We adored this fellow, but he was not ours, so we kept returning him. Then two weeks ago it all stopped. I hoped he was finally at his new home for good. A week ago our old neighbors Emailed to ask if we had seen him, for they have not, for a week or so.

This morning I got this Email:

I write with very sad news about our Clyde. We found him dead under the lemon tree in our back garden two days ago. He was not cut, nor outwardly physically harmed. Just before he disappeared last week, he had stopped wolfing down his wet food as he did, and we remarked that he did not seem like himself. I'd say he was sick, and he ran away to die in peace and away from us all.

So Clyde has been dead for at least two days. Now here’s an odd bit: yesterday evening (about six or so) my daughter heard scratching at our living room window. When she turned around, she thought she saw Clyde. When he disappeared, she was convinced he had fallen into the ivy below, and she ran out with a flashlight and called him over and over.

DH suggested I write to our former neighbors and tell them our daughter had spotted Clyde. I didn’t, because I thought she could not have been right about it. He never ever came in through that window before, and I just didn’t think it even possible for him, or any cat, to reach it.

A bit of Wuthering Heights with a feline twist.

I’m posting this as a memorial to a special cat friend. Just seeing his name up here makes me feel good.

Tuesday, November 15, 2011


Most “How-to” books for picture book writers tell us that after our book is contracted, it is the editor’s job to find the illustrator. In most cases, these books say, the writer is not consulted.

            Harold Underdown’s Idiot’s Guide is my go-to reference book for every stage I have not yet been through. So when I got The Call after years of submitting, I read ahead.

            All right, it’s not my role. Let’s hope for the best. Regardless, I will respond in a professional manner.

            The editor sent samples from three artists. I had a strong preference. My preference turned out not to be available for some time. The editor sent links to six other illustrators. Again, I had a preference. Yet again, this artist was not available.

            But I kept reminding myself that I am being consulted, and this is more than I had the right to expect. I thanked my editor at every stage of consultation.

            One of the main characters in my story is a turkey. I was anxious that the artist be up to the task- a lovable turkey any kid would want to hang out with is not a simple matter. I shared my concern with the editor, who then informed me that an artist was working on a sample of the main characters right then. Niles, the boy, and the turkey, will soon enter the formal realm.

Only days later, the Email arrived. What do you think? It said. I could feel my temples throbbing as I opened the attachment. I stared, and Niles and his turkey stared back at me.

The turkey was likable enough, but Niles the kid looked like Niles the brat. The colors could have been done better, and the feeling of the illustration had the effect of deflating my balloon.

Breath, I thought. Let the editor know, using the most positive language you can muster, why this isn’t right. Remember this is not your decision.

The editor responded almost immediately, agreeing that we needed to look further. I felt that I have dodged a bullet, and again thanked him for caring about my opinion.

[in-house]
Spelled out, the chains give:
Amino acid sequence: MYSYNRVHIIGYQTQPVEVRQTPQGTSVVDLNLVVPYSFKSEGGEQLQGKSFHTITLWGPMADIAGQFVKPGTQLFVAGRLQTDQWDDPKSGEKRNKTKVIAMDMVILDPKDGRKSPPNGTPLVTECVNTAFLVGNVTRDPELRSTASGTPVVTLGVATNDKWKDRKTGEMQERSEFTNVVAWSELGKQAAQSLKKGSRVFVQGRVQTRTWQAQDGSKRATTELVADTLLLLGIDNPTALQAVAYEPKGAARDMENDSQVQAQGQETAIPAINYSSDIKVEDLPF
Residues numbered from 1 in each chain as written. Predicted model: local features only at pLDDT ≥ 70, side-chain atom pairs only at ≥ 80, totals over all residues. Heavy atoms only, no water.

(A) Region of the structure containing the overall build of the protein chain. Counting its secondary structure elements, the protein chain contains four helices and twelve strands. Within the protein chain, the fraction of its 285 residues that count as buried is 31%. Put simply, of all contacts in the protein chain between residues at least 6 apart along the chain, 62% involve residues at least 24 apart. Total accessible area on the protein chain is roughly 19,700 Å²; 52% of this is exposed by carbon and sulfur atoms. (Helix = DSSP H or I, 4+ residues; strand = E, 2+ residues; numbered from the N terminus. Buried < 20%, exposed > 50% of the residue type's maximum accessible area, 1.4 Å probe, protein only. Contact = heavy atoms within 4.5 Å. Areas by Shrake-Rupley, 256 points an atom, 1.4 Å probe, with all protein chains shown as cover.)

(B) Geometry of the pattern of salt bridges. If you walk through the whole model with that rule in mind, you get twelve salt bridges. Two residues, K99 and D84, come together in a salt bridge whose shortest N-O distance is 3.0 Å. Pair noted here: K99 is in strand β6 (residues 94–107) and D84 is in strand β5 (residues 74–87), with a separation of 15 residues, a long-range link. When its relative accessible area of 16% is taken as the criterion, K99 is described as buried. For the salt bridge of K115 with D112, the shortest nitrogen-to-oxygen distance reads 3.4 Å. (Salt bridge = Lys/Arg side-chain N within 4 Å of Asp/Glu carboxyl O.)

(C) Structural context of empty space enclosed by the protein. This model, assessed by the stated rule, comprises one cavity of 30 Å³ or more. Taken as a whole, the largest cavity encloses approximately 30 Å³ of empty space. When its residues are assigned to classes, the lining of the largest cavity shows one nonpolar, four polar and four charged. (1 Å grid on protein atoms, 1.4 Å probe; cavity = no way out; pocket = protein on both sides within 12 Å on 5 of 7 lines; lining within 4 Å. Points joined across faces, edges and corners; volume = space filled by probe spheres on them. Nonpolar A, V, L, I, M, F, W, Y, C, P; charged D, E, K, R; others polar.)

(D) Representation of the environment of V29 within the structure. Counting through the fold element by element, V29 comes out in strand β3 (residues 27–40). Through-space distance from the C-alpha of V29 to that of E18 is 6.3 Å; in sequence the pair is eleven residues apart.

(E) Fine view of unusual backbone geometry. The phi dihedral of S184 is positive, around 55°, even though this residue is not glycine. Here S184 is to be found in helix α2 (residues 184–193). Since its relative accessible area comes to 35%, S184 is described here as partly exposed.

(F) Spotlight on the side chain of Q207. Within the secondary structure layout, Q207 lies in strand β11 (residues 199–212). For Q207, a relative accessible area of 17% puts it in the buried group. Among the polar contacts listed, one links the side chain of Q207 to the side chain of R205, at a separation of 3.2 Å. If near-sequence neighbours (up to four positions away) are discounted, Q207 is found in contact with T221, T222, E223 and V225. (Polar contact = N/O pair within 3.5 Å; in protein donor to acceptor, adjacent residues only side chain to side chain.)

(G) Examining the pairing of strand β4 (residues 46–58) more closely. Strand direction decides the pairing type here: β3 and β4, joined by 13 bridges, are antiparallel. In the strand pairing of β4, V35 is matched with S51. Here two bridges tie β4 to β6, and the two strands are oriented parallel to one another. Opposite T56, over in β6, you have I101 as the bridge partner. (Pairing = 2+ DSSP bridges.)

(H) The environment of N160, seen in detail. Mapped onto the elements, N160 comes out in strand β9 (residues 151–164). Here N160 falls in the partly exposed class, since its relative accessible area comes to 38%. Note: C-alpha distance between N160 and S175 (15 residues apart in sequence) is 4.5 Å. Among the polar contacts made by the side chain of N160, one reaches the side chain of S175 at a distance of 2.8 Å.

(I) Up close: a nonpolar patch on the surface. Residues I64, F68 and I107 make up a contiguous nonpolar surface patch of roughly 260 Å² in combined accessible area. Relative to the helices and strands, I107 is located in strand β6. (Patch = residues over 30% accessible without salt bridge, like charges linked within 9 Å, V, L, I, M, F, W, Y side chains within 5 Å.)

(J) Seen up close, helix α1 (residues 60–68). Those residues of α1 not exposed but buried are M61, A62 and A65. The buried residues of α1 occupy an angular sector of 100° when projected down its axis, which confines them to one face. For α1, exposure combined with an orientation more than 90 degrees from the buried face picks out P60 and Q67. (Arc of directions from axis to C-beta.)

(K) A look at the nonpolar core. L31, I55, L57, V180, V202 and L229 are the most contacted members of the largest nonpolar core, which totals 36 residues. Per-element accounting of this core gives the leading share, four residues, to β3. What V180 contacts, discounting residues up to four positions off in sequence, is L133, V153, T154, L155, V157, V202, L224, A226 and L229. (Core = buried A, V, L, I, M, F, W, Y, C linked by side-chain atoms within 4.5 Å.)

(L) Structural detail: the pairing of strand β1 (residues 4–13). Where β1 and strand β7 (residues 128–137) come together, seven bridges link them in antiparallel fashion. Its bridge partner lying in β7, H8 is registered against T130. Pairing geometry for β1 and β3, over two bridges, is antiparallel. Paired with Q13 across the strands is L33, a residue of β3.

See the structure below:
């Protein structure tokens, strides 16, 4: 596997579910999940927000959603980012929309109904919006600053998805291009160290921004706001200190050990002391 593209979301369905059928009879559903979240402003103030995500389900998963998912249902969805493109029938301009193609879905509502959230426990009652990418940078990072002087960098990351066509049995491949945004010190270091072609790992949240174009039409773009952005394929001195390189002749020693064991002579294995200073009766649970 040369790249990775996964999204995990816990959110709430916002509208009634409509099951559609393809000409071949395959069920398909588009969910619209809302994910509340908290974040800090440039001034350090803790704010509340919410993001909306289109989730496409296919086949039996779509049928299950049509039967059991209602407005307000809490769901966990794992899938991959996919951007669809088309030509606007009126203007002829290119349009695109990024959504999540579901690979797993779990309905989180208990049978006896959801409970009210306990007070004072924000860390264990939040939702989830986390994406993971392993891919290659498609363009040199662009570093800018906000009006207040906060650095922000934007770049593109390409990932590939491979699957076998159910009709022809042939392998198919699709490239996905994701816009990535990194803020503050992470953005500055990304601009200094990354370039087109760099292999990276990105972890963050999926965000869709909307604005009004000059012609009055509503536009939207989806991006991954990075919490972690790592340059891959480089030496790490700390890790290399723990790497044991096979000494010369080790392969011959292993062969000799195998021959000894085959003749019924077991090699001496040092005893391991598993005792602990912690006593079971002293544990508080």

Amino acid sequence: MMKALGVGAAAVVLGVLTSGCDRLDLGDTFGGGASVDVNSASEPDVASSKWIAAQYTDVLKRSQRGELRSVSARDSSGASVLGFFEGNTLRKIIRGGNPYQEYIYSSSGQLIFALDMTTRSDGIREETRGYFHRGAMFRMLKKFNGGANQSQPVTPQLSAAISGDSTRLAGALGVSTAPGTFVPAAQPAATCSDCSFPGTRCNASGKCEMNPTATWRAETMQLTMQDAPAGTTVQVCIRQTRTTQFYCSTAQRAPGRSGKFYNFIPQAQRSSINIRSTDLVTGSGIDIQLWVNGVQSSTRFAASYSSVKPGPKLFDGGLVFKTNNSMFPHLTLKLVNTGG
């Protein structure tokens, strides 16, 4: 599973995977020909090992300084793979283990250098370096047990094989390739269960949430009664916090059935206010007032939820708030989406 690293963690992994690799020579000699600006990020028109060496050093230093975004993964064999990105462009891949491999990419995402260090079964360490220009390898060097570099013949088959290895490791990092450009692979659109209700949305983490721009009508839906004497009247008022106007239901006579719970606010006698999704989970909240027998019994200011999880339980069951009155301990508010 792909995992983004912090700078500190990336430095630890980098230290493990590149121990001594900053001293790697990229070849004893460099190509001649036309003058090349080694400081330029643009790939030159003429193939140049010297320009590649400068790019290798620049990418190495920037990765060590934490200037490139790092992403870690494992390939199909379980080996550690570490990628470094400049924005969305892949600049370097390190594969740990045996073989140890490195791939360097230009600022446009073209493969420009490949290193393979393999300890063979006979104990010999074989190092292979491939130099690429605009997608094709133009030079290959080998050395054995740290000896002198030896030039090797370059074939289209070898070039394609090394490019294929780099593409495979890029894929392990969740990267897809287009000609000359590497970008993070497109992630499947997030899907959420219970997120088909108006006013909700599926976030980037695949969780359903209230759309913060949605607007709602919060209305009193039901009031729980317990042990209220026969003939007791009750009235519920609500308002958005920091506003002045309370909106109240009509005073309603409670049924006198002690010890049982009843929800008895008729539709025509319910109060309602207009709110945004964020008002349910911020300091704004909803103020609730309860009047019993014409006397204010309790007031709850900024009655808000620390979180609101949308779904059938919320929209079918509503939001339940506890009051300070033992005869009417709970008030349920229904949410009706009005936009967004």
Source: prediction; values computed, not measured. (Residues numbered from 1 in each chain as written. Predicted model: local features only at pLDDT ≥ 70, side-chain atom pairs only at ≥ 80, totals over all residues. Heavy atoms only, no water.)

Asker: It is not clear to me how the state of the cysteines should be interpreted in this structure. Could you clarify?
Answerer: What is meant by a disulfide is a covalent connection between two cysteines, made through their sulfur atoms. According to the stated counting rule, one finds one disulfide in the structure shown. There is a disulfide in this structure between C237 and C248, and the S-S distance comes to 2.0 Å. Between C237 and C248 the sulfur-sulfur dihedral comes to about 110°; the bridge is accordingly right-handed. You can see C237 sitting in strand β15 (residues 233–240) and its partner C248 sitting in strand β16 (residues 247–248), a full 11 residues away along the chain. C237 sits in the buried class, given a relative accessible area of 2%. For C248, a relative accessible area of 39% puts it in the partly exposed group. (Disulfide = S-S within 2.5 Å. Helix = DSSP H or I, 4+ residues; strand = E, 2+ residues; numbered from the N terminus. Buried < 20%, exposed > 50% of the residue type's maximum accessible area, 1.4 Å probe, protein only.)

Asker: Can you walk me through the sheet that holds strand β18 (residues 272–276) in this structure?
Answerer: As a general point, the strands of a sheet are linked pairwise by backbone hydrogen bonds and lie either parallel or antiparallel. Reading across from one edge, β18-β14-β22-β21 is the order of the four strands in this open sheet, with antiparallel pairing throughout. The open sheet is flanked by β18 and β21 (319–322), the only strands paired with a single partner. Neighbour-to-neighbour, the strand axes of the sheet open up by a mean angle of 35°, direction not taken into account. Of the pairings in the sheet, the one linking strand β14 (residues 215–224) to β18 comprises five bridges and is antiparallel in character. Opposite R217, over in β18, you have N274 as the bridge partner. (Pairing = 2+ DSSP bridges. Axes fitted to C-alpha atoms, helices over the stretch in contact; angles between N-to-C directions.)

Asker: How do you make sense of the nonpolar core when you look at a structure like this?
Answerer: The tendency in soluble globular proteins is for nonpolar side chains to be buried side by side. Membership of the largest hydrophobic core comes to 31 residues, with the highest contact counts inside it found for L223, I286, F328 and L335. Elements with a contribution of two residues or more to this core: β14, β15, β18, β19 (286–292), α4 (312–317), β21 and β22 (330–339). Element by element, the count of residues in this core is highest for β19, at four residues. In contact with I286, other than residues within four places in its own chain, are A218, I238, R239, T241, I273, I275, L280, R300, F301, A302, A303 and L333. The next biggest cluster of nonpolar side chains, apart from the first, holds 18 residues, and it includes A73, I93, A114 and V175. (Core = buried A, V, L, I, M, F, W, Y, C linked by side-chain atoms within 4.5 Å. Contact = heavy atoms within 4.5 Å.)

“We want you to like the illustrations,” he said. I thanked the powers that be for the umpteenth time for giving me this opportunity, and putting such a caring editor in charge.

So when the second illustrator’s sample of Niles and his turkey showed up, I was not quivering anymore. But I did take a deep breath before opening the Email. Reactions? The editor asked.

This one was a monumental letdown, making the first artist’s rendering shine. This Niles looked positively stupid, (I know, we’re not supposed to use this word) and his turkey was the stuff nightmares are made of. I longed for the first artist. At least there the turkey was all right. How can I use the sandwich method and reply to this? The ship was going down.

Once again I thanked my editor for consulting me, and I told him the first sample was better than the second. I tried to keep Underdown’s advice and sound professional, not emotional.

I shared my feelings, but not the illustrations, with my kids. “Mom,” my son said. “You’d better accept the third one no matter what, or the publisher will not like you anymore.” Don’t think that hadn’t occurred to me. I could just hear the publisher in my mind: “Go away, you ungrateful, picky, who-do-you-think-you-are.”

And then the third sample came. When I opened it, like in a movie, a symphony of harmonious sound burst from the page. Like in a good story, the third one was the climax. And the charm. And the answer to my prayers. I was in love.

I could not have done a better job of the illustration. It was, simply put, right.

Like a classic story there was one more obstacle to overcome.

“I hope we get this artist,” I wrote to the editor.

Less than a day later the Email came. Ms. Sonya Hallett agreed to take the project.

Of all the happy milestones of a first-time publication, it was not The Call, or getting the contract, or the first part of the advance. It was the match with the right illustrator that has made me the happiest.

When I shared my surprise at this with a multi-published picture book colleague, she had the perfect explanation. “It was the first time you no longer dreamed of, but could actually see your book.”

Sadly, the project was canceled on the eve of publication. The small publisher, feeling the squeeze of financial contraction, aborted all new titles. But I am not bitter. I feel fortunate to have had the amazing experience of seeing my scenes come alive with art. I am more wedded than ever to creating picture book stories.
And happily, my novel for middle grades, VOICE OF THUNDER, is slated for release in mid-2012.